Every week here on Impatient Optimists, you'll find stories written by one of the Frontline Health Workers Coalition’s 35+ member organizations. Stories feature the inspiring work of health workers on the frontlines of care in developing countries and how United States leadership can help ensure that everyone has access to basic care by skilled, supported and motivated frontline health workers. #healthworkerscount
From 2009 to 2011, I lived at a small health clinic in a rural village, Mondo, in the Dodoma region of Tanzania. The clinic—staffed by two health workers: a nurse and an assistant nurse—served a population of 14,000 people. The clinic had been built with housing for the health staff; but unable to fill all of the expected positions for a facility of its size, the village had instead opted to use the spare housing for a Peace Corps Volunteer.
I arrived at the clinic on my 23rd birthday, a Classical Studies major with some background in global health and boundless enthusiasm for helping the clinic however I could. But I quickly discovered that what the clinic needed most I could not provide: they simply needed more health workers.
Helena and Laurencia, the two nurses with whom I worked in Tanzania are without a doubt the hardest working people I have ever met, and they are why Frontline Health Workers Coalition’s call for greater and more strategic United States investment in health workers on the frontlines of care in developing countries resonates deeply for me.
Helena and Laurencia arranged a grueling schedule: they both worked full weeks during all of the hours when the clinic was open, and then alternated weeks being on night and weekend duty, when they responded to emergencies and delivered babies. Given the population size and Tanzania’s fertility rate, this meant that they easily topped 100 deliveries each year.
Within the first several weeks of living in Mondo, I woke up in the middle of the night because of a commotion at the maternity ward, located 20 feet from my front door. Curious, I quickly dressed and walked over to see what was up. I found Helena in the maternity ward, shouting furiously into her cell phone. A woman in the delivery room had obstructed labor and had just hemorrhaged – she was bleeding profusely and needed immediate transport to the district hospital in neighboring Kondoa town.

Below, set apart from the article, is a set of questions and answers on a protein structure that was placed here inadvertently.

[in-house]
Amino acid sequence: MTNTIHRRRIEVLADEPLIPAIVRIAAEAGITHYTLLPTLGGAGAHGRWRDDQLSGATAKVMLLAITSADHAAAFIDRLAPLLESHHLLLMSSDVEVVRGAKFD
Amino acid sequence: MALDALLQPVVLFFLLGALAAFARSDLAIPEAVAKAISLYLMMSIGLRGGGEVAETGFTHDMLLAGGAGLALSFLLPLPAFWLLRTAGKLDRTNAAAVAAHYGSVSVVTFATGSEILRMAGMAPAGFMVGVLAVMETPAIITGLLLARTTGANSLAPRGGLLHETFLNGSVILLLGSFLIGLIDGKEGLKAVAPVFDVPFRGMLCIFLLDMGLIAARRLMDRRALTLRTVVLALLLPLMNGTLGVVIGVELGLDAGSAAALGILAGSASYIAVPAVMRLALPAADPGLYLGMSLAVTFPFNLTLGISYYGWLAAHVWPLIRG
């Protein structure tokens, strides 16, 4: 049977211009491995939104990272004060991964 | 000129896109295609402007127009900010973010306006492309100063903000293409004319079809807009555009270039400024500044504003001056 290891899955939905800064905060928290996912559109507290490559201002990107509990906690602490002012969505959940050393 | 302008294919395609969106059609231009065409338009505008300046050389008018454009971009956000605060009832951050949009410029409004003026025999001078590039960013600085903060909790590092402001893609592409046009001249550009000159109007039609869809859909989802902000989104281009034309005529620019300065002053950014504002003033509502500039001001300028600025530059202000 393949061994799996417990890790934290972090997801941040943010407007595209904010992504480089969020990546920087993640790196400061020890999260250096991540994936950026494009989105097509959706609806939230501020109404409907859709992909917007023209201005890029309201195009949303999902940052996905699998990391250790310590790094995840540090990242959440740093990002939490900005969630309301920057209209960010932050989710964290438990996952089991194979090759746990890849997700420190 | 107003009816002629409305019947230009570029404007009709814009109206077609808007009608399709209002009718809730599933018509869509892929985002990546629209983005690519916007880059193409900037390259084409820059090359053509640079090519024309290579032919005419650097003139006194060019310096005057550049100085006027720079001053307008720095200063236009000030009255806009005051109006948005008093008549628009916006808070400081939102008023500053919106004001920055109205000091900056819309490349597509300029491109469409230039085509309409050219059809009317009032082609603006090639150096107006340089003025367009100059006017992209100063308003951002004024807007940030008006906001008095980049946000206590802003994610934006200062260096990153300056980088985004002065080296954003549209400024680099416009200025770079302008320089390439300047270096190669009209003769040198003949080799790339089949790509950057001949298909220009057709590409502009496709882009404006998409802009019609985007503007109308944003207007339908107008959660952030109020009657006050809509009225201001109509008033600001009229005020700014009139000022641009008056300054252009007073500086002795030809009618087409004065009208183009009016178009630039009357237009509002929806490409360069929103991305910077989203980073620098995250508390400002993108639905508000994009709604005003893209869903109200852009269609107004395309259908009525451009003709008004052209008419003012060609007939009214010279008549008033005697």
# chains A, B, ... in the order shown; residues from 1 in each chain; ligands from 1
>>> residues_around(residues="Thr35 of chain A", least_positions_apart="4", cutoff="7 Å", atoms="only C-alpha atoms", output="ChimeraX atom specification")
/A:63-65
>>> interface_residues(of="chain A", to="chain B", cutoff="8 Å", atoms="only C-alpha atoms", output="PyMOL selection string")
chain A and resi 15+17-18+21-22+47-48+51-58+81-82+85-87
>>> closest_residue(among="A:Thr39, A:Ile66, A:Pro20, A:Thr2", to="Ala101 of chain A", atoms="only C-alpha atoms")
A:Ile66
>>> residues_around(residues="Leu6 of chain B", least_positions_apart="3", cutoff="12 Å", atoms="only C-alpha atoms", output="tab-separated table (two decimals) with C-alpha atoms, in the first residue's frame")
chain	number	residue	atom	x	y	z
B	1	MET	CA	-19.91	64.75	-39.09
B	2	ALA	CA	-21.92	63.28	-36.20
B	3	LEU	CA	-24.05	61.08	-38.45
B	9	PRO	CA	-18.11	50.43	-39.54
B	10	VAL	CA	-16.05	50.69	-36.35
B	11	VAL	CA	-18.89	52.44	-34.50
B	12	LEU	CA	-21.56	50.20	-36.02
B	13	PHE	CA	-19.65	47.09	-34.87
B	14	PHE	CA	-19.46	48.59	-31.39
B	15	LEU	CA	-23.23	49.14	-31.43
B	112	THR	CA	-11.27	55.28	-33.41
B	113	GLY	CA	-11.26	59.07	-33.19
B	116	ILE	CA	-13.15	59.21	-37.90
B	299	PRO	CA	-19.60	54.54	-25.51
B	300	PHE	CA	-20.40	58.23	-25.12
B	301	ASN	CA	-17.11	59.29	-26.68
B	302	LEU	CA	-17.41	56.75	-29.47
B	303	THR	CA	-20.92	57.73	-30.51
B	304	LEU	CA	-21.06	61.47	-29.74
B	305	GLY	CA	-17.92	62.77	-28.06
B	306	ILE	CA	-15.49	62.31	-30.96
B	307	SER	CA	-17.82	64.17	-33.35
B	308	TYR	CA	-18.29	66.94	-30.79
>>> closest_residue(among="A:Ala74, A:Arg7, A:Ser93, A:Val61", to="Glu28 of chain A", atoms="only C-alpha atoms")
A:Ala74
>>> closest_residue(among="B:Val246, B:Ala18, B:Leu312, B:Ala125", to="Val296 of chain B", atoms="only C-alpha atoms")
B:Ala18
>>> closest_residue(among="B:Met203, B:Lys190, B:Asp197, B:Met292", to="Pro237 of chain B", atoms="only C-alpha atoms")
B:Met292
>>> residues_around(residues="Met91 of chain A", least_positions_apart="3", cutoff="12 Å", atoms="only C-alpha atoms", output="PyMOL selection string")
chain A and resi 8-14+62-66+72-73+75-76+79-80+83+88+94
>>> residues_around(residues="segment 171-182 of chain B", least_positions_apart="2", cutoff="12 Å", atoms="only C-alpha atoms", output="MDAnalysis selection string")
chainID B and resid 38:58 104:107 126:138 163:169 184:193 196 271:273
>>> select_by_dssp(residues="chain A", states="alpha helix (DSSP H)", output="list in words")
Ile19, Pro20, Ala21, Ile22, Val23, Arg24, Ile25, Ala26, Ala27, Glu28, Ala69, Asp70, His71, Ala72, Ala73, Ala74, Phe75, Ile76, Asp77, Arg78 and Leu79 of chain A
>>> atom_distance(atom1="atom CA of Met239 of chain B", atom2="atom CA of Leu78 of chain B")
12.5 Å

The district ambulances were out of fuel and unable to come the short 20 kilometers to our village, and as a result Helena was rapidly dialing the taxi numbers of every taxi driver she could think of, all while trying to make sure the woman didn’t bleed to death in front of our eyes. A little more than an hour later, as dawn broke, a taxi arrived to whisk the woman and the clinic’s other nurse to the hospital, where she received the blood transfusions that saved her life. Helena and I stayed behind, wearing long plastic gloves and using powdered laundry detergent to clean the delivery room.
Helena Michael weighing a baby in Mondo, Tanzania, with assistance from Peace Corps Volunteer Heather Teixeira.
Exhausted, I stumbled back to bed to fall asleep. Helena, however, had a full day’s work ahead of her. After a brief rest she was back in the clinic, delivering all of the other critical health services that she provides: treating the many people each day with illnesses and injuries, from malaria to machete wounds; providing prenatal care services, including testing pregnant women for HIV; charting children’s growth and administering vaccinations; and teaching health education to the groups of young mothers who came to the clinic every week.
While I saw the incredible, lifesaving difference that Helena and Laurencia made in our community firsthand, I also saw the incredible toll taken on communities and on health workers themselves by the critical shortage of health workers in Tanzania – a reality that exists today in many developing countries. It is precisely why Tanzania’s President Jakaya Kikwete during a United Nations General Assembly event last month singled out strengthening the country’s health workforce as the key priority to cutting maternal and child morality.
My experience also convinced me that the progress needed to achieve global health targets in the Millennium Development Goals and post-2015 are possible, as long as we have the boots on the ground needed to deliver critical health services to every person, everywhere.